PITTSBURG, Kan. — NPC International, Inc., America’s largest Pizza Hut franchisee, which started with O. Gene Bicknell opening his first Pizza Hut in Pittsburg more than half a century ago, filed for Chapter 11 bankruptcy on Wednesday.
In addition to more than 1,200 Pizza Hut locations, NPC today operates nearly 400 Wendy’s restaurants in 30 states and Washington, D.C. While the company is now headquartered in Leawood, Kansas, it still has a shared services center located in Pittsburg, and employs a total of approximately 7,500 full time employees and approximately 28,500 part time employees nationwide — who will not be laid off as a result of the bankruptcy filing, according to an NPC press release.
“NPC has filed several customary ‘First Day’ motions with the Court, which are intended to ensure that the Company is able to maintain operations in the ordinary course and facilitate a smooth transition into Chapter 11,” according to a press release. “Among these is a motion to continue providing wages, salaries and benefits to all NPC employees without change or interruption, and NPC does not expect there to be any changes to employees’ day-to-day job responsibilities or work schedules.”
Jon Weber, CEO & President of NPC’s Pizza Hut division, said in a press release that the company wanted to thank its employees for their hard work and dedication.
“The quality of our team is one of our company’s greatest strengths, and it is a big part of what gives us confidence about the future,” Weber said. “We believe that by reducing our debt level and improving our capital structure, we will create a stronger future.”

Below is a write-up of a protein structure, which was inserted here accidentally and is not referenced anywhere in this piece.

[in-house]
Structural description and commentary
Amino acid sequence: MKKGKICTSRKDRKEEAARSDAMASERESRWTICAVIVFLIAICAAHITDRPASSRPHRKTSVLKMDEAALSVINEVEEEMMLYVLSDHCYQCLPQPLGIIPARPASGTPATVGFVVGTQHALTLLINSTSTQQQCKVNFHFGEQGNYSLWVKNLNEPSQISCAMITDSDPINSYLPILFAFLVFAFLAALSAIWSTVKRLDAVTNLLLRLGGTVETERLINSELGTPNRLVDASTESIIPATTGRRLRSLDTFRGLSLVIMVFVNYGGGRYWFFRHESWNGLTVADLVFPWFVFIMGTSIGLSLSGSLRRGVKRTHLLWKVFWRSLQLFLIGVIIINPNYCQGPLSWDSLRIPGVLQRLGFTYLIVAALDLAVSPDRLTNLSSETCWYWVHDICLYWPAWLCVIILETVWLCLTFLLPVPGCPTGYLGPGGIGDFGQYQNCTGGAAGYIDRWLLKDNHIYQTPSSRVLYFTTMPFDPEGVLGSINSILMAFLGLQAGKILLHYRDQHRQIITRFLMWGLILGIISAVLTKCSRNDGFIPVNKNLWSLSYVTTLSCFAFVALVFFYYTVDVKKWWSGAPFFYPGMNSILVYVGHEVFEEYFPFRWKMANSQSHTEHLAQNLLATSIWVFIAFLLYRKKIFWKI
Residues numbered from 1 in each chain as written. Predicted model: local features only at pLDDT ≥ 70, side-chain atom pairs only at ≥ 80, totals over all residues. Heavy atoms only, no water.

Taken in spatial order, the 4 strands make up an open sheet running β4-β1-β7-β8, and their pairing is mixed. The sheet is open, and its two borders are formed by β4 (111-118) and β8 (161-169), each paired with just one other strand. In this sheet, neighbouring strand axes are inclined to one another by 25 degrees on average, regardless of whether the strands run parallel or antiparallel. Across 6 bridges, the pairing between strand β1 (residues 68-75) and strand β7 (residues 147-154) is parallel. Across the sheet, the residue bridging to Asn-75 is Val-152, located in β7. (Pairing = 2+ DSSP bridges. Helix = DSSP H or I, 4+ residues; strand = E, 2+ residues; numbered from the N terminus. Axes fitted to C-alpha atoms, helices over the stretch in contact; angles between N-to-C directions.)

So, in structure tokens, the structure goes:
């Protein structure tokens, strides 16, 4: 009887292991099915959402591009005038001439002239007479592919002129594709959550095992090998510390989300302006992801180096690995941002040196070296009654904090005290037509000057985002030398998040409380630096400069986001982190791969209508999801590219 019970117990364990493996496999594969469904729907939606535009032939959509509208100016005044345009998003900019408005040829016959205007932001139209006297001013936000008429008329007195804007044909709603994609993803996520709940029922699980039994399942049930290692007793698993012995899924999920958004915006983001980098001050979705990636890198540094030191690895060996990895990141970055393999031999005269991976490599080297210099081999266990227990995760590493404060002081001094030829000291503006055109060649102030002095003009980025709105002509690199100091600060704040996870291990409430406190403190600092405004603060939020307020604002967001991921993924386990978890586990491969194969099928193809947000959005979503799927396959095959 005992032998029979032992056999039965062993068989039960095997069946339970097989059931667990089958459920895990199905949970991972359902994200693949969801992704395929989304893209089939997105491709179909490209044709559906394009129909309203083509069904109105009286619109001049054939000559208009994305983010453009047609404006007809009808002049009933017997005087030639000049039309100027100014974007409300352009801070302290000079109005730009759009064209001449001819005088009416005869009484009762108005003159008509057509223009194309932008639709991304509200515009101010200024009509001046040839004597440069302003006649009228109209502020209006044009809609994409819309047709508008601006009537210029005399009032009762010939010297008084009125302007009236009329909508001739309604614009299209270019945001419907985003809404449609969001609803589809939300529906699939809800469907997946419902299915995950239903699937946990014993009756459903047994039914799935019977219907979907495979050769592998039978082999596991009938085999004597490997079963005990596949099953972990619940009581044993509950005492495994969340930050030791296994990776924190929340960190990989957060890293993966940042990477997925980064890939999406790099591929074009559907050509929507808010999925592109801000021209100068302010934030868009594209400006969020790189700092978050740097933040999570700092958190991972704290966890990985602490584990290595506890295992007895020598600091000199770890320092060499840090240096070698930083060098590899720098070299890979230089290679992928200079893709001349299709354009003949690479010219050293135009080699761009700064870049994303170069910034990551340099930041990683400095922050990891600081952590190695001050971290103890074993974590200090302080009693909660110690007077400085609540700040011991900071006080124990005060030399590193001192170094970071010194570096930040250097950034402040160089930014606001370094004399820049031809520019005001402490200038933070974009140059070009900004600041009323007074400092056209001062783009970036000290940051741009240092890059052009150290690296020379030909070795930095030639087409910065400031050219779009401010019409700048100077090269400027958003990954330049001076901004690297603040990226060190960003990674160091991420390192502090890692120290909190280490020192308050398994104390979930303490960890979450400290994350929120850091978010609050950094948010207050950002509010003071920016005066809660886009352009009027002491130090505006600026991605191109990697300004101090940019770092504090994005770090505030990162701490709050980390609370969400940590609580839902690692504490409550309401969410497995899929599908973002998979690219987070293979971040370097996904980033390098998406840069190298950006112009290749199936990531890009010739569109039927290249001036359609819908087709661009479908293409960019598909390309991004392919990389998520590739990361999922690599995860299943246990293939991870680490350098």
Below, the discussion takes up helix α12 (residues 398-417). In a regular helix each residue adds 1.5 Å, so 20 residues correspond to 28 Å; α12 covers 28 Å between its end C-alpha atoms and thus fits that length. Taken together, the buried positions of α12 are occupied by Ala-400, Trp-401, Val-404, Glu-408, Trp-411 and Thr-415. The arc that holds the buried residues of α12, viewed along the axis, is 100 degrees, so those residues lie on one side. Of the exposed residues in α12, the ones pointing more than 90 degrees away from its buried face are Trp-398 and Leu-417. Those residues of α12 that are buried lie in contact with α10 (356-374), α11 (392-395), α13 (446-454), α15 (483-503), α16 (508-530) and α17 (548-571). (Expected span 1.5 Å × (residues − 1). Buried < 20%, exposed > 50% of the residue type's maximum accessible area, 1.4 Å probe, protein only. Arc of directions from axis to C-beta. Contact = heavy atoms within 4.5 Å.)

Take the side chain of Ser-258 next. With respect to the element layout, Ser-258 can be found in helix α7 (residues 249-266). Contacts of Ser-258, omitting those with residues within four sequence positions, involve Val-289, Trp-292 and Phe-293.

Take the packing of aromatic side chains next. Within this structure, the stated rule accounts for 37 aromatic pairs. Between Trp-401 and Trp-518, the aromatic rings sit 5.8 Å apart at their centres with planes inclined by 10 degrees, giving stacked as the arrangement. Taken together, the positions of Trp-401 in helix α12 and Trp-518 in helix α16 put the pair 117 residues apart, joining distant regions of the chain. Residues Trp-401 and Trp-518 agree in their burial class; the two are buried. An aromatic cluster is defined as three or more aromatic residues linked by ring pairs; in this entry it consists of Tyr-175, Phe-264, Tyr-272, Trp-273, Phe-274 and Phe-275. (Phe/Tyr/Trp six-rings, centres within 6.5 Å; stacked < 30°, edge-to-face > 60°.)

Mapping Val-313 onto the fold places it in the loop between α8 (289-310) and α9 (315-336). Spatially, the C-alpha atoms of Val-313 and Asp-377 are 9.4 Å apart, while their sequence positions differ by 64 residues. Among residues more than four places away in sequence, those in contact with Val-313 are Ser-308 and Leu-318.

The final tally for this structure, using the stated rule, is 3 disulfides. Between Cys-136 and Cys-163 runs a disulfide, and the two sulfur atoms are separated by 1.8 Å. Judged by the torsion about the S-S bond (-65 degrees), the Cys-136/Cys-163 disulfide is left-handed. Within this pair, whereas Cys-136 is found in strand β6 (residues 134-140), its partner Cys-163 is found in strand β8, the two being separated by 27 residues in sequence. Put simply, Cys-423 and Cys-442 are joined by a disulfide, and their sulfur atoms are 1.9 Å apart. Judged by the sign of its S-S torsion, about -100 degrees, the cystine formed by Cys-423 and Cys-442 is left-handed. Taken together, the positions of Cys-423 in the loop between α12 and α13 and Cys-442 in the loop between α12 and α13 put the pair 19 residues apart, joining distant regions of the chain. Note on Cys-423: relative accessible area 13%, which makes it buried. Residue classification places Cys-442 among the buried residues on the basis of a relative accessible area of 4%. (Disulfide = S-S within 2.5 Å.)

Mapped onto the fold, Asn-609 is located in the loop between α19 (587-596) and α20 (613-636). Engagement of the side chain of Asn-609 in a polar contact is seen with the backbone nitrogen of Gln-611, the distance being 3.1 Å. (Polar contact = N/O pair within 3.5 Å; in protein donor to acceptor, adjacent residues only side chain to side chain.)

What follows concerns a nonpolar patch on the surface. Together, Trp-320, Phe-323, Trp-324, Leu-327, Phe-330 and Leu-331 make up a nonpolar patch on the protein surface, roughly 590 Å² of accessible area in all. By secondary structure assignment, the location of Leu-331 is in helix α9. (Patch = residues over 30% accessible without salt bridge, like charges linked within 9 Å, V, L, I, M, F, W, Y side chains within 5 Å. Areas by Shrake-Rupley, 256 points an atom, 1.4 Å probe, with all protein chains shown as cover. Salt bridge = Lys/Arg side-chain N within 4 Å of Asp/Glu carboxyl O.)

NPC has struggled with a debt burden of approximately $1 billion, while Pizza Hut, which is owned by Yum! Brands, has seen decreasing sales in recent years, despite doing better than many companies during the coronavirus pandemic due to increased online and delivery sales.
“The Pizza Hut brand has in recent years faced a deteriorating brand image in light of the pervasiveness of pizza restaurants, the success of competing brands to carve out a particular market within the pizza industry, and the reluctance by the Pizza Hut Franchisor to invest in brand development,” NPC noted in its bankruptcy filing. “The Pizza Hut brand continues year after year to lose market share to its national competitors.”
The filing also cited Pizza Hut’s “decreased menu innovation and the lack of a clear, long-term strategy” in comparison to the evolving business models of competitors such as Domino’s and Papa John’s.
“While NPC’s Chapter 11 filing was expected, we view it as an opportunity to create a better future for NPC’s Pizza Hut restaurants,” a Pizza Hut spokesperson reportedly said. “As NPC works through this process, we support an outcome resulting in an organization with a lower, more sustainable level of debt, ownership focus on operational excellence and a greater level of restaurant investment.”
Wendy’s has also commented on the bankruptcy filing.
“We expect that NPC will continue to be a productive member of the Wendy's family, and we will continue to stay closely coordinated and support them moving forward," the chain reportedly said.
NPC is “very pleased with the support” it is receiving from senior leaders on the Wendy’s side of the business, according to Carl Hauch, CEO & President of NPC’s Wendy’s division, in a statement on the company website.
“The Wendy’s business remains strong and resilient and is already recovering from the impact of the pandemic to produce year-over-year growth,” Hauch said. “We look forward to continuing our discussions with our brand partners, landlords and other creditor groups and are confident that we will be able to work collaboratively to agree on a long-term plan that is in the best interests of all stakeholders.”